Yoga during a Pandemic
The final instalment – yoga and the immune system
In my last blog post I wrote about the immune system and how stressing the body in a certain way can be beneficial for the soft tissues through which many of the immune cells travel to reach the invader and firmly squash it!
The immune system itself is too big a subject for me to tackle but there is one part of it that interests me a great deal, and I thought I would write about this aspect today. Something that has been increasingly recognised in recent years as a useful marker of immune system health is Heart Rate Variability or HRV.
HRV is the amount of variability in the time lapse between consecutive heart beats. Our bodies are designed to be able to react to external stressors and one important way in which they do this is for the heart to beat slower or faster as the situation demands. This gives us resilience, it means we can react to things going on around us, and hopefully survive!
When HRV is low this can be due to chronic stress, pathology or inadequate functioning of our immune systems. However, when we are lucky enough to have a high HRV, then we have a high degree of psychological resilience, our bodies are self-regulating and we can adapt to changing environmental or social demands. A low HRV is also a predictor of early death, so it’s not something to be desired!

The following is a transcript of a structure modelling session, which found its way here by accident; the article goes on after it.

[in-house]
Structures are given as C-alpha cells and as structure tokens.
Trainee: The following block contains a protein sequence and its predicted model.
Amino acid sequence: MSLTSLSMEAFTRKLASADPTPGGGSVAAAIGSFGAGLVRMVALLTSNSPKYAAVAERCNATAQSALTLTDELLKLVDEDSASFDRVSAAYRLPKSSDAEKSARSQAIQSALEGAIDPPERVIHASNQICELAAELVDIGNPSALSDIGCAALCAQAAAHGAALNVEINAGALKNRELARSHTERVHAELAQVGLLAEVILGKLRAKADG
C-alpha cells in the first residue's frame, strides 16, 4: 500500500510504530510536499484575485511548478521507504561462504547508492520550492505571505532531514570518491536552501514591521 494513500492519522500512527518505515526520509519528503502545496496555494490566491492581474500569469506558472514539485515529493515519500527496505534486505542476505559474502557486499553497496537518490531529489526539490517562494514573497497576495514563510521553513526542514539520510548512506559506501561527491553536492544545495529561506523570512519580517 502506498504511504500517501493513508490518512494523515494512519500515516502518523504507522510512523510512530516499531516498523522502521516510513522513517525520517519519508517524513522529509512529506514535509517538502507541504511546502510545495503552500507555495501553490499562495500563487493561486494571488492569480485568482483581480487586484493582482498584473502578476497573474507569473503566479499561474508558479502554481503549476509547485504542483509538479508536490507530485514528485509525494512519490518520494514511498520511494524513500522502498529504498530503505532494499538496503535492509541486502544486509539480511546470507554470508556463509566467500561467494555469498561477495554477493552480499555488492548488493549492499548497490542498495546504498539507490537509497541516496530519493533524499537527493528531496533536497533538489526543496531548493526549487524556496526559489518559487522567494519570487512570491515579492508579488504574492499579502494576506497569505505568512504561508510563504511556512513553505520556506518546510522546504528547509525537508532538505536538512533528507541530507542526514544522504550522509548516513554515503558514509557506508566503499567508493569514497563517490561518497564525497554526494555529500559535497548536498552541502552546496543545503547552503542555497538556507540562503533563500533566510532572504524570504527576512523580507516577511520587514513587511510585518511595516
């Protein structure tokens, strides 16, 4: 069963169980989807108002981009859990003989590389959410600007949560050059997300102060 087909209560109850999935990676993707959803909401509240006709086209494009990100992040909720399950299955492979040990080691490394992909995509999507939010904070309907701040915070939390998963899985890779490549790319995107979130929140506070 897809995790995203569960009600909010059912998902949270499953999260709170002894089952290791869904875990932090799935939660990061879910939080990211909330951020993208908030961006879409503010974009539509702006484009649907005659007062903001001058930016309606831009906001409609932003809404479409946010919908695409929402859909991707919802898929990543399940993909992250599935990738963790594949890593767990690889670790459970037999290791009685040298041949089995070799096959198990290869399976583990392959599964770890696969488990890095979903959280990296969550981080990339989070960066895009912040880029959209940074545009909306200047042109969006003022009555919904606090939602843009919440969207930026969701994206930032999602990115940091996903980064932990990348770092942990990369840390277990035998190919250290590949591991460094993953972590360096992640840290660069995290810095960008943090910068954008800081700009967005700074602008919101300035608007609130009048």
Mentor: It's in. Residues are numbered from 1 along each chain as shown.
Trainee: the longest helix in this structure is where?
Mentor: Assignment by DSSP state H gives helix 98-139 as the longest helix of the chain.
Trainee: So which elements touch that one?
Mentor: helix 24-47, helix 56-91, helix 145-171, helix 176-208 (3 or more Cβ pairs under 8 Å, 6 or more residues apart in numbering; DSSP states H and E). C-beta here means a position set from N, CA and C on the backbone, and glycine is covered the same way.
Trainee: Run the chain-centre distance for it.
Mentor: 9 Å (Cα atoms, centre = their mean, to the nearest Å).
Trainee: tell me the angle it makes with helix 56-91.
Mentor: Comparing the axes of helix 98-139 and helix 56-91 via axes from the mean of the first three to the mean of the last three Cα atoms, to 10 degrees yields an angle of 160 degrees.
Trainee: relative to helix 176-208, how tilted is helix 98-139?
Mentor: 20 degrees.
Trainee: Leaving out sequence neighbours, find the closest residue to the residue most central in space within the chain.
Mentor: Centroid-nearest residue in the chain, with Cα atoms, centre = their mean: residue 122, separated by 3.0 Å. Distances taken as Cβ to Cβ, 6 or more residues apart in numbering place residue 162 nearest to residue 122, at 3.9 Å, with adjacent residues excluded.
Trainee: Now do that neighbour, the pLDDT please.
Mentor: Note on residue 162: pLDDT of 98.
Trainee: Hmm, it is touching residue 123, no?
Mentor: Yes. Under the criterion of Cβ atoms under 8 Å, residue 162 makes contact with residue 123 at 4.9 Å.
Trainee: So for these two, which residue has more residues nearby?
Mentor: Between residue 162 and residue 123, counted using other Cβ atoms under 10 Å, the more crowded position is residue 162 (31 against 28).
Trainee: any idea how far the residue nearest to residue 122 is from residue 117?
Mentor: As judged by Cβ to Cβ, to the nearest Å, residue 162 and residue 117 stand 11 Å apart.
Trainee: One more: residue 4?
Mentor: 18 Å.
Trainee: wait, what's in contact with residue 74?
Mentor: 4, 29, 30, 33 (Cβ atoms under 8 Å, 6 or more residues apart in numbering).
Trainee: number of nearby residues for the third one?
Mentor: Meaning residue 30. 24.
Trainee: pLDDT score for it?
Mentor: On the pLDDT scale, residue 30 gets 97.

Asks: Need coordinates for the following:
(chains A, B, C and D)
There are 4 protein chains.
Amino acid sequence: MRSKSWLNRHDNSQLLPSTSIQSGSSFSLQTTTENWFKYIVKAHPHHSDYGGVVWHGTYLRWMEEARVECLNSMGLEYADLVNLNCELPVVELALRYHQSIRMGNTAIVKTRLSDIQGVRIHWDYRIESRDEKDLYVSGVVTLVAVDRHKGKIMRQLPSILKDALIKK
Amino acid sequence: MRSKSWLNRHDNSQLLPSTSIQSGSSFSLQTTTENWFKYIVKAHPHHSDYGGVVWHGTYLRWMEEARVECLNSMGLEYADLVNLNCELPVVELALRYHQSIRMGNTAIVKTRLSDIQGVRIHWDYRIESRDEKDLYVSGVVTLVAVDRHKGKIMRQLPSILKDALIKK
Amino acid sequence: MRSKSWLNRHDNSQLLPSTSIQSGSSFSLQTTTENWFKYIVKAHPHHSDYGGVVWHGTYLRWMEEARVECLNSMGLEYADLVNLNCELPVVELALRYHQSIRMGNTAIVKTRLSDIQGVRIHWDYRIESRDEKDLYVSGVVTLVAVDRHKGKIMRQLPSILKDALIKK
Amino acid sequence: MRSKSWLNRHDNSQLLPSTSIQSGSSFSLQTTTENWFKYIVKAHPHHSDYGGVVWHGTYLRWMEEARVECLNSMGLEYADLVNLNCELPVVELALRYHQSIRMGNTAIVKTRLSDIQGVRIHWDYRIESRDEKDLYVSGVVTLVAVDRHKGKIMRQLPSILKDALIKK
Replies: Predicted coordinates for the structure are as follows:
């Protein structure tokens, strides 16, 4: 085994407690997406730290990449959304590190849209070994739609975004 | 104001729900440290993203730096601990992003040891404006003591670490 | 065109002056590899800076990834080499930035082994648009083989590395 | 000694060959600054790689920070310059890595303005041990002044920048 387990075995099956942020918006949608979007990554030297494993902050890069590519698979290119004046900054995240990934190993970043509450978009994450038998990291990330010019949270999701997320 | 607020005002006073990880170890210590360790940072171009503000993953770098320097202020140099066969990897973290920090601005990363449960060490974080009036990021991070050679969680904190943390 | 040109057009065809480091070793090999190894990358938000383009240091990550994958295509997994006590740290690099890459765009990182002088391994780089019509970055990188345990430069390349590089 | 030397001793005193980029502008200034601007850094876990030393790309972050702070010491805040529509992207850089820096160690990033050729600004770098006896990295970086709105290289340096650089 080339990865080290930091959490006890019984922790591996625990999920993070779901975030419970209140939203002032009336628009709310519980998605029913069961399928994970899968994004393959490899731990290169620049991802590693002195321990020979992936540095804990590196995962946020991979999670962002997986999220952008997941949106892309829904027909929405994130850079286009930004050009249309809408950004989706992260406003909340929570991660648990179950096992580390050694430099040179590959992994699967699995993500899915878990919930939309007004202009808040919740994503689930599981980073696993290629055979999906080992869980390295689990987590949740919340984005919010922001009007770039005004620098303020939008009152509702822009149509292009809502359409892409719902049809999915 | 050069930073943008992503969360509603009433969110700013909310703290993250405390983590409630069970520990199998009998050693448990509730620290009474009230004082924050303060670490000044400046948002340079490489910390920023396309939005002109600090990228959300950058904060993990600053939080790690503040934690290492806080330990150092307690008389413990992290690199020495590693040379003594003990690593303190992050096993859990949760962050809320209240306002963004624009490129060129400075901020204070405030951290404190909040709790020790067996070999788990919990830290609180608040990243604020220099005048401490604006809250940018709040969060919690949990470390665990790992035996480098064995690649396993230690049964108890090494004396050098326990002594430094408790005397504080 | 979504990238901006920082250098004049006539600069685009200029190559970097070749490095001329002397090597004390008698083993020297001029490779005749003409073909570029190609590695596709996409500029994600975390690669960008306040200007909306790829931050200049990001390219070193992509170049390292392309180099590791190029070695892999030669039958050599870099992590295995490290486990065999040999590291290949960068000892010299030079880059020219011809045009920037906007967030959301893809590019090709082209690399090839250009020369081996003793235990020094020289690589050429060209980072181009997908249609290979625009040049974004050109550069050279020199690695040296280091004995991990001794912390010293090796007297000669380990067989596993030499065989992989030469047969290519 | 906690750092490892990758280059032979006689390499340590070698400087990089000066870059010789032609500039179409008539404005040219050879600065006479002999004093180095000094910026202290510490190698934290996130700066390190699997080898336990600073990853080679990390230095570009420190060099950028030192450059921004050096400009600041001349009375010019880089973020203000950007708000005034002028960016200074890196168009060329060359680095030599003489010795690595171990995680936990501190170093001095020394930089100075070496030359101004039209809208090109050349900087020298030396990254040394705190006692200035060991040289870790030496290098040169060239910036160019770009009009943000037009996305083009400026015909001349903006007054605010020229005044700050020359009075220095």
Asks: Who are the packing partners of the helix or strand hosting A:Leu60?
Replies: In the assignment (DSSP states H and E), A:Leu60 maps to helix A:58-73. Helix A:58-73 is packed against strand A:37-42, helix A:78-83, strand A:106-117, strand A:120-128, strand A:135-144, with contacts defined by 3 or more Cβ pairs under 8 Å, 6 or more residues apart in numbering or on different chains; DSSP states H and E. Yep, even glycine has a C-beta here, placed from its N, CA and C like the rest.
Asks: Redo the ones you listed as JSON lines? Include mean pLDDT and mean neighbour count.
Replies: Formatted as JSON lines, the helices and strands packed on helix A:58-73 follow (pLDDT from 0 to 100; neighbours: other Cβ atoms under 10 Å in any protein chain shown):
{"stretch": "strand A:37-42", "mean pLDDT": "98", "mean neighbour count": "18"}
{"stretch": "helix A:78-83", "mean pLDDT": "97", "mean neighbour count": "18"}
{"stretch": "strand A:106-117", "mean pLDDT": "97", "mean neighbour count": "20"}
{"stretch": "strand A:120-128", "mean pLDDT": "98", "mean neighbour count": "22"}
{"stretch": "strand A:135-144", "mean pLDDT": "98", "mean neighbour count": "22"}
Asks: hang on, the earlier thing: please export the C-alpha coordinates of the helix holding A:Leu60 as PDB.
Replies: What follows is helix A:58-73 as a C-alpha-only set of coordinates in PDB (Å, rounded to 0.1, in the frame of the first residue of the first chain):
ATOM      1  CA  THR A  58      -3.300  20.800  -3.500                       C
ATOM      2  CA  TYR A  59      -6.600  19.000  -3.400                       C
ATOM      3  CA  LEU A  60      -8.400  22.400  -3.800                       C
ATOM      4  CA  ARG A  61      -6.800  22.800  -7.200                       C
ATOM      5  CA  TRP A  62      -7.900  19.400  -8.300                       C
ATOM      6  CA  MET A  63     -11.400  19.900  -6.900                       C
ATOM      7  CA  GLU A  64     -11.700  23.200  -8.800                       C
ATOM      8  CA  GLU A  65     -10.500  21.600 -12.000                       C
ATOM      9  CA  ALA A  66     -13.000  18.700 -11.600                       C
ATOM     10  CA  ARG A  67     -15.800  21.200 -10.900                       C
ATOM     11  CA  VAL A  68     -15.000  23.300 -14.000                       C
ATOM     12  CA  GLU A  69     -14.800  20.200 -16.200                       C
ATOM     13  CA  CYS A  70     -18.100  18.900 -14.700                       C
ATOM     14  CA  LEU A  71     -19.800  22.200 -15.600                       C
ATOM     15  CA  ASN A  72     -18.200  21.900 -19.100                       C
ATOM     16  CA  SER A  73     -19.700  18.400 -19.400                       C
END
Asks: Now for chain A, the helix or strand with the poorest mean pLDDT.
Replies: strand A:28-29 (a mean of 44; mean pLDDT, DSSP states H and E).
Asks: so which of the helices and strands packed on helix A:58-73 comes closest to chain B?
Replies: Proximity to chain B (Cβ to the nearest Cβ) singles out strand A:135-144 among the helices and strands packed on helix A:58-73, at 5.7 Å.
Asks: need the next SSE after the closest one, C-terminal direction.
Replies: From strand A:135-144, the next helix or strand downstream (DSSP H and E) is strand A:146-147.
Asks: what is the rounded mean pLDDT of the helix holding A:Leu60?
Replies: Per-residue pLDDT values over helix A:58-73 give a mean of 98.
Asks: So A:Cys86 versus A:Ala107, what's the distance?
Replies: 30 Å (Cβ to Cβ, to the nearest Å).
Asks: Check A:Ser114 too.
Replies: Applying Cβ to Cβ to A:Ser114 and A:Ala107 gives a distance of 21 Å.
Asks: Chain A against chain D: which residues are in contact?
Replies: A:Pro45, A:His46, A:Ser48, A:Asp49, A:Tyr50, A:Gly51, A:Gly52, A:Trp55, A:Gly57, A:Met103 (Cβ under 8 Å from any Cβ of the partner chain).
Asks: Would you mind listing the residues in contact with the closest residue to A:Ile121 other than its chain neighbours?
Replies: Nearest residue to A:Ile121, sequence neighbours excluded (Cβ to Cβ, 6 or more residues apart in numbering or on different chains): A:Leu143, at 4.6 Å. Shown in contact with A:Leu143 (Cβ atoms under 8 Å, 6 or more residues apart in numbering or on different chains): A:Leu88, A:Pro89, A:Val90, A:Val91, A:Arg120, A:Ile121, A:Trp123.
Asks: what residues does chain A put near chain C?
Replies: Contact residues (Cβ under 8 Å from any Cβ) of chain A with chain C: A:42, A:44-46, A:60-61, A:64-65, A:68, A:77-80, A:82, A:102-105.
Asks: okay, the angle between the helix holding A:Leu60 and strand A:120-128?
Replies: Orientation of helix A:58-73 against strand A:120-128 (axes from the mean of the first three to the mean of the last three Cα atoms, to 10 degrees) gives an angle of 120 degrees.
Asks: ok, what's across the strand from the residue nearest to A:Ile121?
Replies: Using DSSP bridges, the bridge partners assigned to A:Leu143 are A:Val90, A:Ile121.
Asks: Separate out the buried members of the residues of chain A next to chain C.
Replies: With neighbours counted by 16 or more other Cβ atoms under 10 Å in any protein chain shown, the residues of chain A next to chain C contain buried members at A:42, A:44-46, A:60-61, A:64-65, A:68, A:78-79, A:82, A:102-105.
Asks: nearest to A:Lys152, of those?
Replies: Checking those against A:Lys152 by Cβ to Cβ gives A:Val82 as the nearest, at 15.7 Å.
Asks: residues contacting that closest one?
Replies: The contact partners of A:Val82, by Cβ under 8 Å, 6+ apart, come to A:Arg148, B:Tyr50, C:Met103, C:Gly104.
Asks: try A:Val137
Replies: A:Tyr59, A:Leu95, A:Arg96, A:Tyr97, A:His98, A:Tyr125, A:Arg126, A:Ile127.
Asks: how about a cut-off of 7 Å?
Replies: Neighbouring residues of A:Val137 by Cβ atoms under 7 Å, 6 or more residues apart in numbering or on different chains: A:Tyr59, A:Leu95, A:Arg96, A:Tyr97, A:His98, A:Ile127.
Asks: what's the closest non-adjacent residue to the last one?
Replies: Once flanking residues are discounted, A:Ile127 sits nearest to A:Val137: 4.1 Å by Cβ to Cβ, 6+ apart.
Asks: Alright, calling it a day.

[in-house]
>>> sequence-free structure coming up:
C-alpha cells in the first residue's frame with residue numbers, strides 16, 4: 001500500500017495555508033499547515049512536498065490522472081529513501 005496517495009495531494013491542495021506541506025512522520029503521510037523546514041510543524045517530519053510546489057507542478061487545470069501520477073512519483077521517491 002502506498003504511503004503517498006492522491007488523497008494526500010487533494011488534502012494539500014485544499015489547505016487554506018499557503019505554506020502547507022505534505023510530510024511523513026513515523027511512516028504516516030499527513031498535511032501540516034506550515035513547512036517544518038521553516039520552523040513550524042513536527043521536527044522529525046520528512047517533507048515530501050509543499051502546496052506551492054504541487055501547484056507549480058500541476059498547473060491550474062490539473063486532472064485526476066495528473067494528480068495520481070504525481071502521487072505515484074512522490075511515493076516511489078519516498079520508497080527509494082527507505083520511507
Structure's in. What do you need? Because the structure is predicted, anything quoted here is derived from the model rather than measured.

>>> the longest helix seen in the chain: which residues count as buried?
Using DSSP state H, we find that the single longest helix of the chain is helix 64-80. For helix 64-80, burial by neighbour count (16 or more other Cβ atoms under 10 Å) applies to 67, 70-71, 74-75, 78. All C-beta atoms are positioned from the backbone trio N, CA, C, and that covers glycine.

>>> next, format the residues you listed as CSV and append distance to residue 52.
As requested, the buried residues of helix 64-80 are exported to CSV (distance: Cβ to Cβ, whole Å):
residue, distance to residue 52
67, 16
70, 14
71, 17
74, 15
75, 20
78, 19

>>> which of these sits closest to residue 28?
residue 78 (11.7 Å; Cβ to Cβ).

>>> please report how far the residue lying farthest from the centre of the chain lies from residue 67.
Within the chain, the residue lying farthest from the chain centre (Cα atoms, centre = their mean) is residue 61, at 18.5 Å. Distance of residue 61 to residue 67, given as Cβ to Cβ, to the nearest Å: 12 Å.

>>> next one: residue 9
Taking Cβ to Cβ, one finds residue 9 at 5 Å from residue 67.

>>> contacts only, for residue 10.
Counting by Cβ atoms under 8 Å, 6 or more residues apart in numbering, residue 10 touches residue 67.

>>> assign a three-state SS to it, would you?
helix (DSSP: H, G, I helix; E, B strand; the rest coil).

In these times of a dangerous virus which is causing illness, death, fear and anxiety, we need to know how to boost our HRV. How can we do that? Yes, you’ve guessed it, we can practice yoga!
Luckily for us, practicing yoga doesn’t necessarily mean standing on our head or twisting ourself into something resembling a pretzel. There are many tools in the ‘yoga toolbox’ to choose from, and those tools do not have to be traditonal ‘yoga’ ones either.
The tools we all recognise are asana (physical postures and movements), pranayama (breathing techniques), meditation, chanting and relaxation (e.g. yoga nidra). But really, if we take yoga to mean a state of being rather than something we do, then we can include any activity that brings us into ourselves, that grounds us and allows us to connect with something larger, deeper, more profound — whatever you choose to call it.
Activities that press that button for me are walking in nature, especially if you are lucky enough to have a four-footed friend, listening to music, reading a good book etc. I’m sure everyone has a list that they can think of. Being mindful, whatever the activity, is key. Whether you choose to be in a headstand, walking in the mountains, or even doing the washing up, try to stay connected to the moment, to your breath, and to the source of calm within.